And Pleuro means innoculation and short sales. . . . Ah well! . . . '

He flicked the wheelers gently. 'Shake it up, Alexander! Look alive,
Roxalana. . . . I named 'em when I was reading ROLLIN'S ANCIENT
HISTORY, my dear . . . my dear!' He looked down at the little woman by
his side with deep tenderness in his blue eyes and a smile that
banished the shade from his face. 'Oh, my dear, there ain't going to be
any bush worries for us this blessed afternoon and evening. It's the
poetry and romance'--he pronounced it romance--'of the bush that's
got hold of me now. I'm just longing for us to strike the camping place
--and then--just you and me together--just man and woman--alone with

He put his hand on hers and she pressed it in return. The Woman in her
thrilled to the Man in him.

Cudgee, on the hind seat with his back to them, broke the spell.

'My word, Massa! You look out, Mithsis--big feller goanner sit down
along a tree.' And for the first time in her existence, Lady Bridget
beheld a monster iguana dragging its huge lizard tail and turning its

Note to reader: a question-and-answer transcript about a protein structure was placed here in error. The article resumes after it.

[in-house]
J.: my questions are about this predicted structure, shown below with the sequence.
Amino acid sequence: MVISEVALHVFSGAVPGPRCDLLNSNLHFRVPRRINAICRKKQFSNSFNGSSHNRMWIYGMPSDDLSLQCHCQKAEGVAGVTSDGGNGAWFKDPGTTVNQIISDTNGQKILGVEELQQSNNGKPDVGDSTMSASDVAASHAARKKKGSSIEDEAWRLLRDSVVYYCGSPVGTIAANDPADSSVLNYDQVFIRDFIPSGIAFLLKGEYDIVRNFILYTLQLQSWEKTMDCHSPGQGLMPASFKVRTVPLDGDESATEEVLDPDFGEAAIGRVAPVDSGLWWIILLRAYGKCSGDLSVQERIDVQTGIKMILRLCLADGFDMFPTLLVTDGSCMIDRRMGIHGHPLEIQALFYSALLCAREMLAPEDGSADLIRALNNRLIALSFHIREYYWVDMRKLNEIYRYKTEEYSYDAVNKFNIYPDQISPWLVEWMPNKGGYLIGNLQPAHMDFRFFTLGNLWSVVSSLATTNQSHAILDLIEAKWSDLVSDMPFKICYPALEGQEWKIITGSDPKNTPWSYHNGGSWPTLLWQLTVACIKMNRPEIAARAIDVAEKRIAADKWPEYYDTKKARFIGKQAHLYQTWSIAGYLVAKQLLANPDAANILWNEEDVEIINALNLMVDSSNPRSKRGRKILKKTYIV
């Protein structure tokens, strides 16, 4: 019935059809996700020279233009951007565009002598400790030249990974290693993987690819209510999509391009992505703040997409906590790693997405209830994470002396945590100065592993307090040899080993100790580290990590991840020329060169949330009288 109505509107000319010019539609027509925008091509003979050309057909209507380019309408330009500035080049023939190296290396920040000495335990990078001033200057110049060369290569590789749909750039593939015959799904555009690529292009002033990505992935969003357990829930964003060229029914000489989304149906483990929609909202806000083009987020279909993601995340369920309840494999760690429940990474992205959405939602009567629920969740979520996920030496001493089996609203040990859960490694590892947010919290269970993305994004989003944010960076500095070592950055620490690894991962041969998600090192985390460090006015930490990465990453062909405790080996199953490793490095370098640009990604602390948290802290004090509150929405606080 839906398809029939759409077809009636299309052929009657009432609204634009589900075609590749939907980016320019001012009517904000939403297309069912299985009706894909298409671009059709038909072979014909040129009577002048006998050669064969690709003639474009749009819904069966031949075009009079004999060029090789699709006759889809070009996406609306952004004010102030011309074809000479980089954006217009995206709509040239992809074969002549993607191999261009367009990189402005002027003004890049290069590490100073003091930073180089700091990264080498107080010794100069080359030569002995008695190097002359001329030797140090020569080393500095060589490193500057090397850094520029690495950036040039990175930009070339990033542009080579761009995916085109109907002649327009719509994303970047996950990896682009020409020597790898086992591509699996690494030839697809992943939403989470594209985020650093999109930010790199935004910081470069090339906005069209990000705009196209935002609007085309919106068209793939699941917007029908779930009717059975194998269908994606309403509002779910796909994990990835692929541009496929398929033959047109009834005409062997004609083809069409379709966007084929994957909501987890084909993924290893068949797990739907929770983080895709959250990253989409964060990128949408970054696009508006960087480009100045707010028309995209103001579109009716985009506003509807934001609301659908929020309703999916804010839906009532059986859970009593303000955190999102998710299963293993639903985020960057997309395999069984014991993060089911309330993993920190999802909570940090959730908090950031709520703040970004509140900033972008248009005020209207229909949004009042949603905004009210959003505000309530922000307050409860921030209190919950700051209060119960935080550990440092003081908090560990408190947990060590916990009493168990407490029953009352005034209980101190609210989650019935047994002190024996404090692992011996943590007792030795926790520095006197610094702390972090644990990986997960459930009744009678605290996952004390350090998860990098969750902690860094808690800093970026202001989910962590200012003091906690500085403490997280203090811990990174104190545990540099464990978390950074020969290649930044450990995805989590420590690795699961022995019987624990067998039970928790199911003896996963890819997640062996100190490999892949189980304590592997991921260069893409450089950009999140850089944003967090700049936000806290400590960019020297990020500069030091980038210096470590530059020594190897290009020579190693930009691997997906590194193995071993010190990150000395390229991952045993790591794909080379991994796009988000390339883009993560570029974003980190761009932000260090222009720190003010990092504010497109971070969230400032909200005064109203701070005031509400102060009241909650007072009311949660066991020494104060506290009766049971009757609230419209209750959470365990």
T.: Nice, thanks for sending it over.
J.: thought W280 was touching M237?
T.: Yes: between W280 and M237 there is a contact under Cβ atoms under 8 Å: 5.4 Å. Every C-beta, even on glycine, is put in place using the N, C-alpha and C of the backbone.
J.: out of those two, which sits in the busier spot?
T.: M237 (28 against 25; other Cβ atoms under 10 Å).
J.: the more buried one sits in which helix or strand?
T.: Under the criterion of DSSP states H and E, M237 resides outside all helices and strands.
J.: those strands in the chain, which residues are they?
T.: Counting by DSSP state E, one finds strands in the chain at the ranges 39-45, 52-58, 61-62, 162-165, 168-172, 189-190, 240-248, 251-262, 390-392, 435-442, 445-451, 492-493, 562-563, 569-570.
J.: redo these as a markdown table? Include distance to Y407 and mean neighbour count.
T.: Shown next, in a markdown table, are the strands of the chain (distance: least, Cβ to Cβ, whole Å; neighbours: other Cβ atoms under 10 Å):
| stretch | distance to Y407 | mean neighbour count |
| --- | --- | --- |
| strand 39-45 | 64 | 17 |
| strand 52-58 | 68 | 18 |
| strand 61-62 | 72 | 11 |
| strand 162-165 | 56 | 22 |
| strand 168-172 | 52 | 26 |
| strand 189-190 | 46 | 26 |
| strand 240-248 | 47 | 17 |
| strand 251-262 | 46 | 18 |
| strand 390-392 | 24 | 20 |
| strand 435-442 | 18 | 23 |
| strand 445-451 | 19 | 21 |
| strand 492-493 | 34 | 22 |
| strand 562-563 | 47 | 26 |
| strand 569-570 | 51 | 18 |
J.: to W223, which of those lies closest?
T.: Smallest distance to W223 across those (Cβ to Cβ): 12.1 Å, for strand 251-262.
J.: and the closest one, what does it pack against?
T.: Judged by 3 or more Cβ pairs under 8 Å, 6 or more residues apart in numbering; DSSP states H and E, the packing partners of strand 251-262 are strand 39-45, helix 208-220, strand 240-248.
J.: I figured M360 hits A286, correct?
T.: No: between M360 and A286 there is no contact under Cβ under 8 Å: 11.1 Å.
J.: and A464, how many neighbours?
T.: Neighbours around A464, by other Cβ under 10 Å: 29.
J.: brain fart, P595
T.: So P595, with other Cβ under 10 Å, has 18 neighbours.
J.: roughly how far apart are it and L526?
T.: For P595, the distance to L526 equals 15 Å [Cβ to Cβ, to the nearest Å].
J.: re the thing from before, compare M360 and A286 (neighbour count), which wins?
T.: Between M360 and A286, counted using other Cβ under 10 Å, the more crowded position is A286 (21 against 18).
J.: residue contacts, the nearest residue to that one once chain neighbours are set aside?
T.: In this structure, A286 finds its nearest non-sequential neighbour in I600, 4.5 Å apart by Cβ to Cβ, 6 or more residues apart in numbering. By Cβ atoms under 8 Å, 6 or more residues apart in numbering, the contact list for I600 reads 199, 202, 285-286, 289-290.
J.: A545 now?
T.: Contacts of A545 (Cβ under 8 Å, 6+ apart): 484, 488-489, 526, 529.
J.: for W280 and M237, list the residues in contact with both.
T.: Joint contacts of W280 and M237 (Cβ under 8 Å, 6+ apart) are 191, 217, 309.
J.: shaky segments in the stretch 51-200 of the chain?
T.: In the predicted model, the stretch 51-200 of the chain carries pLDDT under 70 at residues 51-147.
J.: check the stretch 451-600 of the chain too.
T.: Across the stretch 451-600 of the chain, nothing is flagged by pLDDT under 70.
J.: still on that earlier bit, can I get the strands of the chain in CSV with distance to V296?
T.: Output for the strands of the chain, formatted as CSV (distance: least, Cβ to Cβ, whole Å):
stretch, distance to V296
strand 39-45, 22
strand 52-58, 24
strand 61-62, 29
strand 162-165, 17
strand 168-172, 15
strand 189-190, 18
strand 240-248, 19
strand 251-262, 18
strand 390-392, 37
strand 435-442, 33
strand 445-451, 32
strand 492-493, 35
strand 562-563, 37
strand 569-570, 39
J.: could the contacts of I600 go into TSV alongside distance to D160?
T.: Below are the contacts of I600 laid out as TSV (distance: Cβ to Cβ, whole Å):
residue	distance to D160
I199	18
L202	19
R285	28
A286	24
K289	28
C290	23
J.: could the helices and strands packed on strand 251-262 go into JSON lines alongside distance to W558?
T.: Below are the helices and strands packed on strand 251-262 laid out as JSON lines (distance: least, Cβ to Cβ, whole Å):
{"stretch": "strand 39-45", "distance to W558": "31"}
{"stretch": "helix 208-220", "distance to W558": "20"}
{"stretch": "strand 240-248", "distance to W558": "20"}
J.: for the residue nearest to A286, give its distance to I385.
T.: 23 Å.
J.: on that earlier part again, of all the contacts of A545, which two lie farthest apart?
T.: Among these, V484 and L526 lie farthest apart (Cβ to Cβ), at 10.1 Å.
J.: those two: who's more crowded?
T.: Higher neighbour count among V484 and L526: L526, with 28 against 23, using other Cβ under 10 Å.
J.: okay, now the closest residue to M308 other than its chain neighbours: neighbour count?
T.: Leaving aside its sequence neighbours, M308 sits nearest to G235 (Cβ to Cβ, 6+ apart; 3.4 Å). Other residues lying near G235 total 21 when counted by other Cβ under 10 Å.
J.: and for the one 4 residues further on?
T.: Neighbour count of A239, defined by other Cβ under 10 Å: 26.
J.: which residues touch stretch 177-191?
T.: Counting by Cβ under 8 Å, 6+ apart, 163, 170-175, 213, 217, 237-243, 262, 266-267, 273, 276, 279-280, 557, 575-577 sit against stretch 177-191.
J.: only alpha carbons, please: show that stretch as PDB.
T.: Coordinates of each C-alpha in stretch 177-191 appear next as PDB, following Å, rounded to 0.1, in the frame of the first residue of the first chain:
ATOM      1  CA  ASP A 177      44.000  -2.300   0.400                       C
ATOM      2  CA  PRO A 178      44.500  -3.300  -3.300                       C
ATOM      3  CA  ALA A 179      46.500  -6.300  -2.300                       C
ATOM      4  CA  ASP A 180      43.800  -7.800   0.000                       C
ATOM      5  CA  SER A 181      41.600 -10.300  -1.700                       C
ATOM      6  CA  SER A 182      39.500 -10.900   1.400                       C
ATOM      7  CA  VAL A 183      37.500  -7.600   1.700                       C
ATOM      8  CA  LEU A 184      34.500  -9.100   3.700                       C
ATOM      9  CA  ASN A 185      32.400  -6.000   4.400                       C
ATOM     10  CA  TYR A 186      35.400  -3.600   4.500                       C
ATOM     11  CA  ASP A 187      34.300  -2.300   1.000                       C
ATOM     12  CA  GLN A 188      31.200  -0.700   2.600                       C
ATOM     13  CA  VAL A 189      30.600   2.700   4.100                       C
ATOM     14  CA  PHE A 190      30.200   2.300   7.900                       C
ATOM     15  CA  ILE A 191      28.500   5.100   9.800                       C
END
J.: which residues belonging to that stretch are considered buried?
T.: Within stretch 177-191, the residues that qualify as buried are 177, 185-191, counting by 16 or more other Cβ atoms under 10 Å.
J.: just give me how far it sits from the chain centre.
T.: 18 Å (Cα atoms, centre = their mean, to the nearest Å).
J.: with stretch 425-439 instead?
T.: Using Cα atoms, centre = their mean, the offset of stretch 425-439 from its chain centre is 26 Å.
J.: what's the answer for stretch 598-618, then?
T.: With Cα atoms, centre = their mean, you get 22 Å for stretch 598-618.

stately, brown crocodile head round at her from the safe vantage place
of a thick gum branch.

After that, the way led off the main road, on by a less used track
through wilder country. Here Wombo, the black boy, was waiting--
Moongarr Bill having gone on with the pack horse to the camping place--
and helped to unharness the two leaders which he drove before him
ahead. The trees thickened, the buggy wheels caught on stumps. Cudgee
had to get down at intervals and, with his axe, lop and clear fallen
timber. Every mile the progress grew slower and the forest more lonely.
No sign now of a selector's clearing, or of any human occupation. . . .
But there was a pack of emus hustling and shaking their big bunches of
feathers like startled ballet girls.